Randgold Resources’ success of its Tongon Gold Mine investment in Ivory Coast is a typical case of fortune favouring the bold.
Investing in a mining in a country that had just been struggling to stabilise soon after a civil war five years ago appeared to be foolhardy, but it was worthwhile, at least according to the company’s recent quarterly financials.
According to the company’s press release which quotes Randgold Chief Executive, Mark Bristow, so far, the company has registered sufficient revenue, with which it has paid off its shareholders’ loans of $448 million. Tongon Mine needed a capital investment of $580 million. “We are in a dividend-paying position,” he says, telling a media gathering in Abidjan, Ivory Coast.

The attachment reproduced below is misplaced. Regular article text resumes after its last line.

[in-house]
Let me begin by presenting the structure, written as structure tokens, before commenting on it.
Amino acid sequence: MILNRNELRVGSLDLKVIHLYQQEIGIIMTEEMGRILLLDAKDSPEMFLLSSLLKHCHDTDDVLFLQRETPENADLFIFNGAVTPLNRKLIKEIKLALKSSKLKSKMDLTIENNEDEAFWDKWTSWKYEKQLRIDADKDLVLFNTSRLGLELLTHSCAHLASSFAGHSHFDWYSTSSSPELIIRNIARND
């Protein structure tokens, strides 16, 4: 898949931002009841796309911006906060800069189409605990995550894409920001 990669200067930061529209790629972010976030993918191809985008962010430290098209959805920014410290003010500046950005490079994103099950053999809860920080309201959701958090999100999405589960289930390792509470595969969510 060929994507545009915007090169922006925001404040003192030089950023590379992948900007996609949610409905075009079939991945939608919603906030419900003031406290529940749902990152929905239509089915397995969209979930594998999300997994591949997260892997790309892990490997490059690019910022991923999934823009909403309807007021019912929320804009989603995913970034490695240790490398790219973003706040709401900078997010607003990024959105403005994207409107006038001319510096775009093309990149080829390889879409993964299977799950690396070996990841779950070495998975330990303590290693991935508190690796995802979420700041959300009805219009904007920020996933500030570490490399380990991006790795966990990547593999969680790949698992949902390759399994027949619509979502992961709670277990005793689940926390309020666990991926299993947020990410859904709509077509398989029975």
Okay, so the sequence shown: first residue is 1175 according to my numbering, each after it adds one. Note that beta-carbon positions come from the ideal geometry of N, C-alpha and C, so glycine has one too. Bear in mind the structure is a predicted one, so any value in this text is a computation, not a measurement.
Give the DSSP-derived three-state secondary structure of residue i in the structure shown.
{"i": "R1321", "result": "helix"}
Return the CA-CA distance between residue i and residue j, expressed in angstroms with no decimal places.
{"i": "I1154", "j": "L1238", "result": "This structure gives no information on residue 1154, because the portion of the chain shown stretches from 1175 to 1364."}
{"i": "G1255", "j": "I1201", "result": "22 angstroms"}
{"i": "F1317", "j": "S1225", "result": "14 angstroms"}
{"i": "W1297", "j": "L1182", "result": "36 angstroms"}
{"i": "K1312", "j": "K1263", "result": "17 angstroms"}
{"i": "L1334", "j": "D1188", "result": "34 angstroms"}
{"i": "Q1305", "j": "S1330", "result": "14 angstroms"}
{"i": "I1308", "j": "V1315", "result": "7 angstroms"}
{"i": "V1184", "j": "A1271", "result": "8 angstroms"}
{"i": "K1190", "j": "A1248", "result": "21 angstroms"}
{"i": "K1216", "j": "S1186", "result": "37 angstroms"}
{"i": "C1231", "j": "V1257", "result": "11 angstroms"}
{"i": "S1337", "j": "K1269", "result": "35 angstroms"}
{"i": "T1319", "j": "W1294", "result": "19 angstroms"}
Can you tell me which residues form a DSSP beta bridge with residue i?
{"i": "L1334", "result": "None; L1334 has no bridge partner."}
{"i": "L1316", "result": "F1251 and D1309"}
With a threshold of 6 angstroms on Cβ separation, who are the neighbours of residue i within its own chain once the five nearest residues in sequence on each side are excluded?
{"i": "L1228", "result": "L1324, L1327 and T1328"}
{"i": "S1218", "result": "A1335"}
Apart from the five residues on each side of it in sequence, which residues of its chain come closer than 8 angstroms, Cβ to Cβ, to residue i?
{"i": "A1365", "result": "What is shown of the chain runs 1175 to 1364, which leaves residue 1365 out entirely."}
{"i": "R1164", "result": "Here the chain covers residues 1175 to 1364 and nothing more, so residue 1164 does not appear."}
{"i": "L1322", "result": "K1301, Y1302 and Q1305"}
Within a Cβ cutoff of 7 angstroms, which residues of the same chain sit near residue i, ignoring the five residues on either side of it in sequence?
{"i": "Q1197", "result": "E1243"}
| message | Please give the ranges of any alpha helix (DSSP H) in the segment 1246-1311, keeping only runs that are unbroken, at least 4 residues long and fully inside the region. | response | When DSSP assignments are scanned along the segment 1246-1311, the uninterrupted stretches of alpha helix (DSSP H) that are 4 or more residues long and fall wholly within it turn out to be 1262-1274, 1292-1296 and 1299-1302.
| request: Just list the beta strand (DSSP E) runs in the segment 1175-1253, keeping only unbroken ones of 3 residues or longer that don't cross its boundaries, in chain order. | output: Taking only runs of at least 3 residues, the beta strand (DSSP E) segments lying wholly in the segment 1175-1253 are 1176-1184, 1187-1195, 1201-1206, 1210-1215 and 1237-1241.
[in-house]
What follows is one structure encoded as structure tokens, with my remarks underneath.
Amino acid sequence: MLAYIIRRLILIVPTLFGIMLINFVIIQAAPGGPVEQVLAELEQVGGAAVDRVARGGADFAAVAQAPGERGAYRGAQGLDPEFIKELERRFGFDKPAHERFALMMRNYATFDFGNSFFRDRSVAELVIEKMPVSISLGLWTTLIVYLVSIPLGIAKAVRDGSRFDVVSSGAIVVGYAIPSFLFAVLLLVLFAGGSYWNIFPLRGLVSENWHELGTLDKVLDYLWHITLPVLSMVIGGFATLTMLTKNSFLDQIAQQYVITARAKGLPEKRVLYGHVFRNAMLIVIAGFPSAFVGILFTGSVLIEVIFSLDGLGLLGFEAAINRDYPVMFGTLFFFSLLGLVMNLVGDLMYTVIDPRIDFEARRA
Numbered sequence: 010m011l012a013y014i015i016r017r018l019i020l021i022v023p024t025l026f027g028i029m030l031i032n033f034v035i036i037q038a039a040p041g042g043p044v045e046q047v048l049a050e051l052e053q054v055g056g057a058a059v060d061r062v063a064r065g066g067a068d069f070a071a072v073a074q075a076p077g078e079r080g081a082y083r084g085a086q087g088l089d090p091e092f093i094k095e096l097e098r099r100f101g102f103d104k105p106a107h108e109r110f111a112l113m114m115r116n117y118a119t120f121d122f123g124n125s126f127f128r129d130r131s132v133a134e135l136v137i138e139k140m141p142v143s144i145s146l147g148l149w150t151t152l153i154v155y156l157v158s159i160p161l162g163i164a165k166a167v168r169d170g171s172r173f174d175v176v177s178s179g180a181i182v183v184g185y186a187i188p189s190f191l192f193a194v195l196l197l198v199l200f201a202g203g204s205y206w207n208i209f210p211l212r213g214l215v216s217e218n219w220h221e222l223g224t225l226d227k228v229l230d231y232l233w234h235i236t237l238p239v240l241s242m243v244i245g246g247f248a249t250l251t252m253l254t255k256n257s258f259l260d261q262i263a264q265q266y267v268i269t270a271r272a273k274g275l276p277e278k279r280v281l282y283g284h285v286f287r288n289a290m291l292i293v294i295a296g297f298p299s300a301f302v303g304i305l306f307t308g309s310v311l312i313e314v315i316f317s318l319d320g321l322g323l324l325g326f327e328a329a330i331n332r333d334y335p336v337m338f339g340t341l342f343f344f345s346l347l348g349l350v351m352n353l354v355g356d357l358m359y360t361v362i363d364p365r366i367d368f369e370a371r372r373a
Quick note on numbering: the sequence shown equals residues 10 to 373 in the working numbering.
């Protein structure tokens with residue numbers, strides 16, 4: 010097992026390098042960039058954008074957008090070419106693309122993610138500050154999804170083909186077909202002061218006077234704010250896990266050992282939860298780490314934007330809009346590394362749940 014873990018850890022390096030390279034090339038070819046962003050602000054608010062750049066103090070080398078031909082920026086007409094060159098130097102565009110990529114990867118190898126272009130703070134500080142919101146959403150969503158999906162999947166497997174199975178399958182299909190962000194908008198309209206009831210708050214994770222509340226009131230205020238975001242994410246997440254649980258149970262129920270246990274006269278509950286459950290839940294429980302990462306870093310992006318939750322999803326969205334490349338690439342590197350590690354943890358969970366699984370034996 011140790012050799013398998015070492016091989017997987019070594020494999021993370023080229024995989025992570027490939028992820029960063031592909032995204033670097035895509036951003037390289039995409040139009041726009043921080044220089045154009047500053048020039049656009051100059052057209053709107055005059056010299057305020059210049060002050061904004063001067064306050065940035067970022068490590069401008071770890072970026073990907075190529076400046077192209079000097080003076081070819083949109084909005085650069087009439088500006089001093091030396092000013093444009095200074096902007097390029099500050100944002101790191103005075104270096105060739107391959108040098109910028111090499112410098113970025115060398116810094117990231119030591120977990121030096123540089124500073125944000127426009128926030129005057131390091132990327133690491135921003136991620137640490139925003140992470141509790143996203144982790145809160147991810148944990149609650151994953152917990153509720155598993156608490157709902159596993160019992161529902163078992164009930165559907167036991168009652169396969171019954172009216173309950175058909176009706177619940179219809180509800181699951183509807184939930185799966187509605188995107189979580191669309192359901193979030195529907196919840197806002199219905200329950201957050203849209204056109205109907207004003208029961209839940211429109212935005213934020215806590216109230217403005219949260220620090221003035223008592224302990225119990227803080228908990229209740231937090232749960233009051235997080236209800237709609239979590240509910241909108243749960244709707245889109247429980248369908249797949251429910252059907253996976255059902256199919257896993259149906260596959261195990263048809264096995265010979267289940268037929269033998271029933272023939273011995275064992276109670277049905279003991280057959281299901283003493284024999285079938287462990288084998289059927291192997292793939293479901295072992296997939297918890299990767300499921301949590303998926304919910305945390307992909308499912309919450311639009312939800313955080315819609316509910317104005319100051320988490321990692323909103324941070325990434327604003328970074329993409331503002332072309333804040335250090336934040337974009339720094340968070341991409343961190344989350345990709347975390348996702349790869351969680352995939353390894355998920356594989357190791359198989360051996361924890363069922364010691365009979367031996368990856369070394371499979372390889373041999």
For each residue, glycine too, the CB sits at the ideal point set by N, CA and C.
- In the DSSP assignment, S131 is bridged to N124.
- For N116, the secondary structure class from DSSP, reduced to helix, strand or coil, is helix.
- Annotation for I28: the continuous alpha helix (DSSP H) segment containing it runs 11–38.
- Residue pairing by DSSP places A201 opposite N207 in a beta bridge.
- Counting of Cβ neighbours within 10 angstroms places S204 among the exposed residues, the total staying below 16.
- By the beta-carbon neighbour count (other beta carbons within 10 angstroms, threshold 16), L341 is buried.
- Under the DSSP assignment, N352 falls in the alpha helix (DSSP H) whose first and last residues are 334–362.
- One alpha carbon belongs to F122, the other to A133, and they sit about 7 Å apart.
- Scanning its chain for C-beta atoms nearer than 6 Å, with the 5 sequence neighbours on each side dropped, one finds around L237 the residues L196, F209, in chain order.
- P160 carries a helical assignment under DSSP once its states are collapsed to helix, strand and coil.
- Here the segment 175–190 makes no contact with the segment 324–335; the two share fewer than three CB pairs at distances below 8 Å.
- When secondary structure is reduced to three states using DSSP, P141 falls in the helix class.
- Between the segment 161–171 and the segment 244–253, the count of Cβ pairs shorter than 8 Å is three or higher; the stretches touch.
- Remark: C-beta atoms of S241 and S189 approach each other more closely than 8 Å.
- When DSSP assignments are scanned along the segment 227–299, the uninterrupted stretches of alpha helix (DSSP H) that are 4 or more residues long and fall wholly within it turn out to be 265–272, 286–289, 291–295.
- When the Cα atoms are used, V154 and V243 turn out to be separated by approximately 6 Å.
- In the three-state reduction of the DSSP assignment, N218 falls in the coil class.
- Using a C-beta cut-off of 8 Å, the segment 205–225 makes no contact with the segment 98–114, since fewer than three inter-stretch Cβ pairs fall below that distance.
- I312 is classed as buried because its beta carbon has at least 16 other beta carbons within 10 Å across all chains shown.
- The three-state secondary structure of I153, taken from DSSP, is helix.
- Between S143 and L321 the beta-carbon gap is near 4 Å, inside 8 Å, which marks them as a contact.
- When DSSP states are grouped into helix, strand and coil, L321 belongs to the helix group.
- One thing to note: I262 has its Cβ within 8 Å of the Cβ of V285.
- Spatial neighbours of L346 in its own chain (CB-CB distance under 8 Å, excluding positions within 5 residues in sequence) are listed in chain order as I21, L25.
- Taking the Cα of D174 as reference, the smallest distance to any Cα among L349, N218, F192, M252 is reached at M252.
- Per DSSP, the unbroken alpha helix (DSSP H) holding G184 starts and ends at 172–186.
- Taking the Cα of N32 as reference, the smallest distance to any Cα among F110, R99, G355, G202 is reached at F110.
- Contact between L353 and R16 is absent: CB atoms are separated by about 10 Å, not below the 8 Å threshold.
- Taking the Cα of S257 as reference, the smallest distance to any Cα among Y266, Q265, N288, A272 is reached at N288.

The Ivory Coast Government, which has a 10% stake in Tongon Mine, has earned royalities and taxes amounting to $90 million. As the mine will start paying dividends, the state will earn more revenue.
Randgold’s Tongoni’s investment has swum against the tide of negative growth in the global industry, especially characterised by capital write-downs and impairments.